Satellite orbiting Earth

Satellite sector growth needs common world approach, warns Inmarsat head

Image credit: Photo 130672376 © Andrey Armyagov |

Elon Musk's Starlink, Amazon, and several Chinese operators have already announced plans to launch large satellite constellations, which could lead to orbital congestion challenges.

British satellite company Inmarsat warned on Tuesday of the environmental risks of unregulated space sector expansion. 

Inmarsat chief executive Rajeev Suri has welcomed the increase in innovation in satellite constellations in low orbit that has taken place over the last few years, but called for better industry and regulatory co-ordination as they are launched.

Addressing the Royal Aeronautical Society’s conference ‘Towards a Space Enabled Net Zero Earth’, Suri focused attention on major factors threatening long-term environmental and economic sustainability.

"Mega-constellations are talking about tens of thousands of new satellites during this decade - satellites with an expected life of only five to 10 years," he said. 

"The resulting debris creates hazards not just in a particular orbit, but for anything passing through that orbit. We simply do not yet understand all the risks this creates and do not yet have all the technologies needed to manage the situation effectively."

Over the last few years there has been a significant boom of the global space sector, with many operators looking to launch huge networks of low-orbit satellites to beam broadband internet.

SpaceX-owned Starlink is leading the way so far with over 2,000 mass-produced small satellites in orbit and permission for 12,000. In contrast, UK government-backed OneWeb is building a 650-strong network and Amazon plans to launch its first prototype satellites by the end of the year.

Inmarsat, which is being acquired by US rival Viasat in a $7.3bn (about £6.2bn) deal, has 14 satellites in higher level geostationary orbit - providing services for shipping, aviation and governments - but is also planning its own small and targeted low-orbit constellation.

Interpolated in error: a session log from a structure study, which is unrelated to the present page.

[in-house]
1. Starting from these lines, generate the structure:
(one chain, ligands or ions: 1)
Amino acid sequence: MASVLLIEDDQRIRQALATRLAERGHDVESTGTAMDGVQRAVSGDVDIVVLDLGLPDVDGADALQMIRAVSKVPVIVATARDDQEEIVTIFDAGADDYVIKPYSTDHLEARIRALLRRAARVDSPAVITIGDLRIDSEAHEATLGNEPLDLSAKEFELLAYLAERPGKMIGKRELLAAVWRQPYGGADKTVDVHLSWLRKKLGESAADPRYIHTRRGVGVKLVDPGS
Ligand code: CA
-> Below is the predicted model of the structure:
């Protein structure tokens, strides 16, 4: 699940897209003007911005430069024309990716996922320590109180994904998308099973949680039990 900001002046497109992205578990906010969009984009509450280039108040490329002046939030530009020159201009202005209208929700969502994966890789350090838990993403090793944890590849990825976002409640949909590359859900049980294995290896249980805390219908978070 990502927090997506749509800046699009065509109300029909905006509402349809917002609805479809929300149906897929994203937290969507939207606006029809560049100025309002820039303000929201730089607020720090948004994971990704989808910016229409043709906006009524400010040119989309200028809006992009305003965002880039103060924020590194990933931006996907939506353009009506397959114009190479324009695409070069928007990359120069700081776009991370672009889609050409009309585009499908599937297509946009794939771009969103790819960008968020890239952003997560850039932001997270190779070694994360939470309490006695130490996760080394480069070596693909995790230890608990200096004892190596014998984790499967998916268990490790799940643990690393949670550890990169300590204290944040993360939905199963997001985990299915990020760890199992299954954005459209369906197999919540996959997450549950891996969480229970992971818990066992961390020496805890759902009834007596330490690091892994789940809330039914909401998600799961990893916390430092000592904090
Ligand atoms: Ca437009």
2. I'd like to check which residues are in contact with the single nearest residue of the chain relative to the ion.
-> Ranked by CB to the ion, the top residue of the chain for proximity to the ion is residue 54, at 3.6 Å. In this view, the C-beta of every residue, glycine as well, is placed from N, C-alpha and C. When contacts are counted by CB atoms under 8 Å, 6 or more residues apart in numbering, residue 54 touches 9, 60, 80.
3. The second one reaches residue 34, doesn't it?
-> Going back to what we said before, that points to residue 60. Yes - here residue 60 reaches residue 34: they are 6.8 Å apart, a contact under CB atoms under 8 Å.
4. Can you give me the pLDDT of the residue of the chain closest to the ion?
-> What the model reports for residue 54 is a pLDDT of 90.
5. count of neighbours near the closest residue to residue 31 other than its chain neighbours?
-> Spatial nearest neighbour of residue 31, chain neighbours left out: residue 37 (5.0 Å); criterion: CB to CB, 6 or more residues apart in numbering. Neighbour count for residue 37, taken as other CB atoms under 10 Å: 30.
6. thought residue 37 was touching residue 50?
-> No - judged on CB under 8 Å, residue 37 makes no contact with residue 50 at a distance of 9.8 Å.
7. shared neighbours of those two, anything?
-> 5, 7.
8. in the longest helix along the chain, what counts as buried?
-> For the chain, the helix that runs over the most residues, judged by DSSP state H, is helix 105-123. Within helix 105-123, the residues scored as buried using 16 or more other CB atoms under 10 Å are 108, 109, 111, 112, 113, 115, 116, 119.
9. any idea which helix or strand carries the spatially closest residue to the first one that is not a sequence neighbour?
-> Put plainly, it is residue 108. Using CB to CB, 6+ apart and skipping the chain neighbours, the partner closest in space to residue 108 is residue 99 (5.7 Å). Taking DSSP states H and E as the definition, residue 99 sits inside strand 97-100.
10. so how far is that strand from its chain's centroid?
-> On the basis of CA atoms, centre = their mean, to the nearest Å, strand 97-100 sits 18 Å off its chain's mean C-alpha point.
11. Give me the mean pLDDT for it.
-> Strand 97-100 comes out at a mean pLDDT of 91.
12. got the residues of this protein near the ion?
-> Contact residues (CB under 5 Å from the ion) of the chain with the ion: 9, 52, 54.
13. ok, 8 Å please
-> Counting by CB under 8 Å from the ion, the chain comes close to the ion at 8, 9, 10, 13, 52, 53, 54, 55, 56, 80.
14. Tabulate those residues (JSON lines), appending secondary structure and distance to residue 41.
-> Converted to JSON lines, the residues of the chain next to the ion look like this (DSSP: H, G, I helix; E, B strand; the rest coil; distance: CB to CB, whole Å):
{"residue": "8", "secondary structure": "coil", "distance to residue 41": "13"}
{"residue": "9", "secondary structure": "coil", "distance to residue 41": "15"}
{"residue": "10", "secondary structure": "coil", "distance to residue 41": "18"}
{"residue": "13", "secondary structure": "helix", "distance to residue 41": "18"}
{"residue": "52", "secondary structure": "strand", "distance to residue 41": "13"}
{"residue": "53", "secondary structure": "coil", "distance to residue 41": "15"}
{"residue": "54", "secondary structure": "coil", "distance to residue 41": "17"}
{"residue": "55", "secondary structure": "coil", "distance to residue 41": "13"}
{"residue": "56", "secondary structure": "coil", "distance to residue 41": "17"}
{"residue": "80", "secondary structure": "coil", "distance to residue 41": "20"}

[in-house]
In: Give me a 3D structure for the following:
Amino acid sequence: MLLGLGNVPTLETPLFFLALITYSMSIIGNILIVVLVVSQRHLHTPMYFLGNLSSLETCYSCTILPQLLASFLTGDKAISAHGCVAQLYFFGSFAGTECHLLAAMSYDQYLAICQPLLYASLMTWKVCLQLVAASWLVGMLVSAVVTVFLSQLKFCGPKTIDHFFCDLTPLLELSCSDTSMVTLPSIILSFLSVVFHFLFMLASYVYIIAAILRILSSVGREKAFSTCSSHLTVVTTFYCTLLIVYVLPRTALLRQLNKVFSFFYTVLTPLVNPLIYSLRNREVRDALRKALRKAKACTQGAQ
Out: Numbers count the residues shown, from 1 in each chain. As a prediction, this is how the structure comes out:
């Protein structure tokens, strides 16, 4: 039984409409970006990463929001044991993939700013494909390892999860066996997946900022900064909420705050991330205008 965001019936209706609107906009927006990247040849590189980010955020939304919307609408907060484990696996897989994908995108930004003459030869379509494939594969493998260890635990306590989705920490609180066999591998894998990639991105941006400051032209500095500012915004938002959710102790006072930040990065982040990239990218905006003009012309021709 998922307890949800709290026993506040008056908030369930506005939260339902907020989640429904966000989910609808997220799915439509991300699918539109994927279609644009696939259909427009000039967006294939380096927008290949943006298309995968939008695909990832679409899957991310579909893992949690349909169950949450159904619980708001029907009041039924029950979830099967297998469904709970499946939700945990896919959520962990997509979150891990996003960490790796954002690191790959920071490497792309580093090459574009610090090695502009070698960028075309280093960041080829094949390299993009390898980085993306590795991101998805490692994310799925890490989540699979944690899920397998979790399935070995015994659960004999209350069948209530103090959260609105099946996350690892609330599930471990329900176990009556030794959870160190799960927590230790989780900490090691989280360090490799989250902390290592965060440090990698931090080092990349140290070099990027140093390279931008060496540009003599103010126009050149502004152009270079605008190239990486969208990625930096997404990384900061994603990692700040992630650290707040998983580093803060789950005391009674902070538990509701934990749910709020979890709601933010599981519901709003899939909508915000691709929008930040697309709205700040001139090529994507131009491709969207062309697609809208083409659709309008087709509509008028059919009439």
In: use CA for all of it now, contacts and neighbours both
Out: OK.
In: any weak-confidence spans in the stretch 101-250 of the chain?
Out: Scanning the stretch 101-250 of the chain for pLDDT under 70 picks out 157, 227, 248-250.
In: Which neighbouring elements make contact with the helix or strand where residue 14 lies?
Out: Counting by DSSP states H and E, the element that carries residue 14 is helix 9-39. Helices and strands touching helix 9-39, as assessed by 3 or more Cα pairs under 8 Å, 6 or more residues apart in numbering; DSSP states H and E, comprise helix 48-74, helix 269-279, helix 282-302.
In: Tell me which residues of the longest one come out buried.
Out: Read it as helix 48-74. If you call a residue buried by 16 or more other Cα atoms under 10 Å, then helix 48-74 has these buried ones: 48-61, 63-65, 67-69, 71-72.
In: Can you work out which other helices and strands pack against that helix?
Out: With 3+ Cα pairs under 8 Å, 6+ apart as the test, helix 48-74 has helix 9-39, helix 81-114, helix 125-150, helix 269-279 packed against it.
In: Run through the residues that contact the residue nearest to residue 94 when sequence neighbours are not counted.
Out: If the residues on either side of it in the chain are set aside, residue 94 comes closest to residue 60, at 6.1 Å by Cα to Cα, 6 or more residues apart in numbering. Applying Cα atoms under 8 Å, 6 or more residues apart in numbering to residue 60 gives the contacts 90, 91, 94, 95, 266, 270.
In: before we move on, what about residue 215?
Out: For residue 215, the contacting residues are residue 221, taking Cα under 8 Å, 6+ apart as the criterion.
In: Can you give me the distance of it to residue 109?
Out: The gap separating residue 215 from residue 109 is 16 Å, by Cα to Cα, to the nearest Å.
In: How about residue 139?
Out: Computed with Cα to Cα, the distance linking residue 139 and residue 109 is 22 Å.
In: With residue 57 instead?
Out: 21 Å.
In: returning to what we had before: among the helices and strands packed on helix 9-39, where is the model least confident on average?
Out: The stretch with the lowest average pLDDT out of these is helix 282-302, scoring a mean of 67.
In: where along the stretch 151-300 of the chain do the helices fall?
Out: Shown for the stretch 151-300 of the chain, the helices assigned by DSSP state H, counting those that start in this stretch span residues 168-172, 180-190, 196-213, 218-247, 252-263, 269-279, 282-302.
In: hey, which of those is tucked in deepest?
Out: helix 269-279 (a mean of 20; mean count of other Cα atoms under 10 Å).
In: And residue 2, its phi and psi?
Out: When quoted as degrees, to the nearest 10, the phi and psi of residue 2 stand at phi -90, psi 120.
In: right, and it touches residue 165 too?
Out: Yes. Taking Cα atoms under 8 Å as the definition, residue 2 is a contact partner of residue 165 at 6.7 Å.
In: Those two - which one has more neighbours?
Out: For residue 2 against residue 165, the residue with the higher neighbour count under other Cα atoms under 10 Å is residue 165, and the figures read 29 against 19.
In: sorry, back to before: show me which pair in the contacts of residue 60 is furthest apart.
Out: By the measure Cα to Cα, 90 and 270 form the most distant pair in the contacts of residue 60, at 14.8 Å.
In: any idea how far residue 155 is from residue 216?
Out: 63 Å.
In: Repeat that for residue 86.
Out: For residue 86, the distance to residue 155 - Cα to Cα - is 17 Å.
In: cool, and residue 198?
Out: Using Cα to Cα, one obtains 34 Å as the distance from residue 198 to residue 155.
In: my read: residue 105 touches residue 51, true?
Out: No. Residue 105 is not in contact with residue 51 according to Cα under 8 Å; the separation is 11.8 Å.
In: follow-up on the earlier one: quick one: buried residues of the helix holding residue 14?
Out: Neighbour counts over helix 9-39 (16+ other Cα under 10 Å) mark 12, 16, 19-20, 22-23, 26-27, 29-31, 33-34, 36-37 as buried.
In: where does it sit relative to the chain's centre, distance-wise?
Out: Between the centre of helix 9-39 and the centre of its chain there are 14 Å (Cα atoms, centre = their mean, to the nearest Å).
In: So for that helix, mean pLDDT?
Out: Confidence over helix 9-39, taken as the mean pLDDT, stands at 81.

Last year saw a record number of objects launched into space, with 1,807 leaving the planet in 2021: a 42 per cent increase compared to 2020. During 2020 and 2021, there were 3,081 objects launched into space, which accounts for approximately 25 per cent of the objects ever launched.

In Suri's view, unmanaged space sector expansion could exacerbate environmental damage, stifle innovation and undermine the long-term capability of satellites to help combat climate change.

“Space is increasingly important for the creation of a sustainable world," he added. "While the role of new players – with new investment and innovations – is to be welcomed, space is too important an asset to be driven by short-term thinking. To protect our shared future, there must be a common approach and common rules that protect the space environment too."

Use of satellite communications is already helping many organisations reduce their greenhouse gas emissions, particularly in the aviation, maritime and Internet of Things sectors. However, satellites could also have detrimental effects on the environment.

The journal Nature noted that satellite re‑entries from one of the mega‑constellations alone could deposit more aluminium into Earth’s upper atmosphere than is deposited through meteoroids, becoming the dominant source of high‑altitude alumina. This would risk reflecting solar radiation in an uncontrolled manner, which senior scientists have said could create severe consequences for the environment on Earth.

"I am concerned that these advances will be put at risk if we continue the ‘leap before you think’ approach when it comes to the space environment,” Suri said.

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